All the controversy and scuttlebutt the past few weeks over House Bill 168, aka the “Beer Bill,” bordered on ridiculous. I found myself confused over the entire issue, because, to me, it came down to one simple question: Do we have a three-tier system of alcohol distribution, or don’t we?
If we do, then the obvious action was to block A-B InBev (or any brewery) from being able to distribute its own products in Kentucky. That’s why there is a separation between supplier, distributor and retailer in the first place (thanks, Prohibition). If we don’t have a three-tier system, well, then it’s open season — all Kentucky breweries should be empowered to sell and distribute their products as they see fit. But a long-existing loophole enabled out-of-state brewers to distribute in Kentucky while in-state breweries could not.
So, the Kentucky General Assembly’s approval of HB 168 — which the Senate passed yesterday and will become law once it reaches Gov. Steve Beshear’s desk — was tantamount to lawmakers righting a longstanding wrong. A sort of political “Oops, our bad.” If Kentucky’s breweries were David armed with right versus wrong, then Goliath never had a chance. It just took awhile.
In 1978, Anheuser-Busch opened a distributor in Louisville thanks to the aforementioned loophole. That distributing company has done business here for nearly four decades without a peep of dispute. But when A-B InBev (Anheuser-Busch was acquired by foreign-owned InBev in 2008) bought a distributor in western Kentucky back in the fall of 2014, it sparked a new round of examination.
Why? One simple reason, as far as I’m concerned: the soaring popularity of craft beer. In 1978, beer was beer — nearly every American thought of beer as being fizzy yellow liquid that almost had a flavor. Why? Because thanks to companies like Anheuser-Busch, Schlitz and Miller, that’s what it had become. It was a thoroughly homogenized commodity. So, it’s 1978 and A-B is going to distribute beer outside the three-tier system thanks to a careless loophole in the law? Who cares? Falls City closed that same year, leaving Louisville without any local breweries.
It’s a different world now. Kentucky breweries have the Kentucky Guild of Brewers. They have leverage and support as state-owned and operated businesses. The playing field may not be level, as A-B InBev has a hell of a lot more money and clout than the barely funded KGB, but the Kentucky Guild had one thing on its side going into this standoff: It was right. When A-B InBev bought the distributorship near Owensboro and then Cincinnati brewery Rhinegeist Brewing formed its own distributorship, River Ghost, to take advantage of the same ridiculous loophole, in-state breweries spoke up, and lawmakers finally recognized it was time to close that loophole. It simply wasn’t fair.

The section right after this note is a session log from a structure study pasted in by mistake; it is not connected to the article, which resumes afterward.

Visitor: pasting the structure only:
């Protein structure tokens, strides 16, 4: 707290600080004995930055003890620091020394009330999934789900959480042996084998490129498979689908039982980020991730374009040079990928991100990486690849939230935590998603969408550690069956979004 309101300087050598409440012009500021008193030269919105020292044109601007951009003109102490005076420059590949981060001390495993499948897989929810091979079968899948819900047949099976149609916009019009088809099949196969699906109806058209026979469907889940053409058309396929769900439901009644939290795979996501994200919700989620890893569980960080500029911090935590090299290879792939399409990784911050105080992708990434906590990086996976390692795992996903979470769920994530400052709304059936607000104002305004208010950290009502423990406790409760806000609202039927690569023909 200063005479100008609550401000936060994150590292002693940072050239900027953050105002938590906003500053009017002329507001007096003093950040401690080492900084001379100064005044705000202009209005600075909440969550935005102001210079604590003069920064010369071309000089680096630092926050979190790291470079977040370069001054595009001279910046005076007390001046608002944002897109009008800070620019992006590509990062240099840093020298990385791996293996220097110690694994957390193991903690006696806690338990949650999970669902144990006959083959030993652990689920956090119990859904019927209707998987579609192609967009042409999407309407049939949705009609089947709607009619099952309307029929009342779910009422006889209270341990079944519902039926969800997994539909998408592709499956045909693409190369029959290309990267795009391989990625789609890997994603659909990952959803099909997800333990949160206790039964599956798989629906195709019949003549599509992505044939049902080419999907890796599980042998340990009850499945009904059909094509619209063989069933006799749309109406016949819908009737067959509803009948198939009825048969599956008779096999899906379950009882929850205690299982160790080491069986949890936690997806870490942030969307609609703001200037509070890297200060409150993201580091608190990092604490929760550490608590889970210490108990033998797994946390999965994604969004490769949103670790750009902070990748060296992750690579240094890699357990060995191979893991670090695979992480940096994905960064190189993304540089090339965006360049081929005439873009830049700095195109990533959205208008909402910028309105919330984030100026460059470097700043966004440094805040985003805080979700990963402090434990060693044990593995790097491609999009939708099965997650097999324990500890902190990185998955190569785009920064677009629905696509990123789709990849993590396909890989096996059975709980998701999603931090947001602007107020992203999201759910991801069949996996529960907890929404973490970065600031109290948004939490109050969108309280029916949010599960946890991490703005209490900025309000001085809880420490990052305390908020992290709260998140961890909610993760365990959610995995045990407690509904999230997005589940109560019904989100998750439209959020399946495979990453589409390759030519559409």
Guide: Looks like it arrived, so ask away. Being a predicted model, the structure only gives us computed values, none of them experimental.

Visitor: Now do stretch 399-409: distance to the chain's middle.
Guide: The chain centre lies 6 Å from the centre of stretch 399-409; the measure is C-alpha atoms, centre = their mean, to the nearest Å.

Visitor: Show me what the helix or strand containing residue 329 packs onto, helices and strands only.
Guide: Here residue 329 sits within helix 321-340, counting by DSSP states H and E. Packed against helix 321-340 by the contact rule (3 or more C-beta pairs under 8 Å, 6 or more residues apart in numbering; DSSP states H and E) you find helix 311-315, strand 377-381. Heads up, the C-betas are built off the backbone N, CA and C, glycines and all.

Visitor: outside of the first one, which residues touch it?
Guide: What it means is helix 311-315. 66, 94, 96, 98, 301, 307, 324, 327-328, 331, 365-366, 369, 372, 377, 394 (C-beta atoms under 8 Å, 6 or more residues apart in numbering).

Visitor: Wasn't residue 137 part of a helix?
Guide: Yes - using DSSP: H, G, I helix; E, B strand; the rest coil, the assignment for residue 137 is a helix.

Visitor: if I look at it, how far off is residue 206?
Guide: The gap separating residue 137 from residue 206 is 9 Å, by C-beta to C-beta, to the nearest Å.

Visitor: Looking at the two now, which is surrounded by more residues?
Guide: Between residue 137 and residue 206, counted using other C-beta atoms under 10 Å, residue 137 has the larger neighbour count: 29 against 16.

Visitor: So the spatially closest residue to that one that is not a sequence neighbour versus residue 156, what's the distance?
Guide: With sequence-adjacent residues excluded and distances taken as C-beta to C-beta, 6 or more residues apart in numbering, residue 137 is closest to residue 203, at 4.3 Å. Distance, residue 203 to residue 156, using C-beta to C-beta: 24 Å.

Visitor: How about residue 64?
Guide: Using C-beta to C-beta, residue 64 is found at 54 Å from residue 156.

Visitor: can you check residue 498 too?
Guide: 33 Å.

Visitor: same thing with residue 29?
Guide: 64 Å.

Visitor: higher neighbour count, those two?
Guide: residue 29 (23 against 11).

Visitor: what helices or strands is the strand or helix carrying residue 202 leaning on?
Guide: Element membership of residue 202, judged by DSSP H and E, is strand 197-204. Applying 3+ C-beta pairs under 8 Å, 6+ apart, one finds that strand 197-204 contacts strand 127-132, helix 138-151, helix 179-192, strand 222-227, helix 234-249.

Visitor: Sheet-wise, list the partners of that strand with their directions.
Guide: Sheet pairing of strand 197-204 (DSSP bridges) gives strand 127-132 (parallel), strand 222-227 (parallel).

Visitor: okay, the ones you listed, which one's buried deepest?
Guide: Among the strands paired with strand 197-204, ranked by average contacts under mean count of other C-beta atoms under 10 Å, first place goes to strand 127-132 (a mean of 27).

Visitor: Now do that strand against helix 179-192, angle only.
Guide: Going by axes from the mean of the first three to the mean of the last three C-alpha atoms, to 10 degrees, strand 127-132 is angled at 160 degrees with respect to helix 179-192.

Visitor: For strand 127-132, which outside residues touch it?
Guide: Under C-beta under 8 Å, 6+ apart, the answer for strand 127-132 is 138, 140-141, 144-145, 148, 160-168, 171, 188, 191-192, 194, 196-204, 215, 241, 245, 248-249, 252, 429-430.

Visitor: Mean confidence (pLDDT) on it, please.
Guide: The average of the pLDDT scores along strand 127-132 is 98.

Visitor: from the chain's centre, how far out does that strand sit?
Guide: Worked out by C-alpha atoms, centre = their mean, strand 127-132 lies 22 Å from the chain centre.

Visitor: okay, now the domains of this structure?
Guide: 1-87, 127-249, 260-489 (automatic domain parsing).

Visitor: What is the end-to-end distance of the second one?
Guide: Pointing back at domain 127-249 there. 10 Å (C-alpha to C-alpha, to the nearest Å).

The passage of HB 168 wasn’t easy. For one, ranks in the KGB split, with a handful of local breweries taking an “if-we-can’t-beat-’em-join-’em” stance and urging others to withhold support for HB 168 in an attempt to gain self-distribution rights. That notion was not without merit, as more than half of U.S. states have some form of self-distribution for small breweries, including Indiana, Ohio and Tennessee.
But early on in the struggle, Kentucky lawmakers reportedly drew the line on that possibility. And so, the remaining KGB members took up the fight. A-B InBev employed more than a dozen lobbyists in Frankfort and spent upwards of $2 million in an attempt to convince lawmakers and the public that their special privileges should not be taken away. Like a petulant child that had long been getting away with something, the mega-brewing conglomerate stomped its foot and whined about fairness.
The giant spent money on social media (@KYBudFacts) to spread its story. It referred to the in-state brewers as “greedy special interests” intent on killing Kentucky jobs. It insisted that craft beer had still thrived in spite of 40 years of A-B self-distribution in Louisville. It whined that it had had its special privileges for almost four decades and didn’t want to give them up.
But in the end, Kentucky brewers had one important trump card: They were right. The three-tier system was not being upheld. The loophole was unfair, and the brat had to finally start playing by the same rules as all the other kids on the playground. The brewers turned out in force to plead their case to lawmakers. Lawmakers listened and agreed. In this case, right made might.
During a text exchange with KGB executive director John King yesterday while he was in Frankfort, he relayed that one A-B InBev rep commented, “Maybe if we grow beards and wear jeans, we can get meetings with legislators.”
Spoken like a truly entitled brat.
Personally, I’m glad this thing is almost over — well, except for the inevitable lawsuit which A-B InBev is already threatening. Who knows how ugly that might get? But the three-tier system is the three-tier system, and it sounds like Kentucky has made its decision on the long-open loophole: It’s closed for business, at least for now. Perhaps if it ever reopens, it will open for all brewers — not just those from outside Kentucky. That never made any sense to begin with, and Kentucky lawmakers are finally acknowledging the fact.
So, congratulations to Kentucky brewers on this win, which we can hope will be the first of many. New breweries are opening all the time; Against the Grain Brewery & Smokehouse just made RateBeer’s Top 100 Breweries on Earth list. Good things are ahead.
King also passed along a quote from Against the Grain co-owner Adam Watson that perhaps sums it all up: “This three-year-old group of ragtag brewers just beat the largest brewer in the world.”
Goliath, meet David.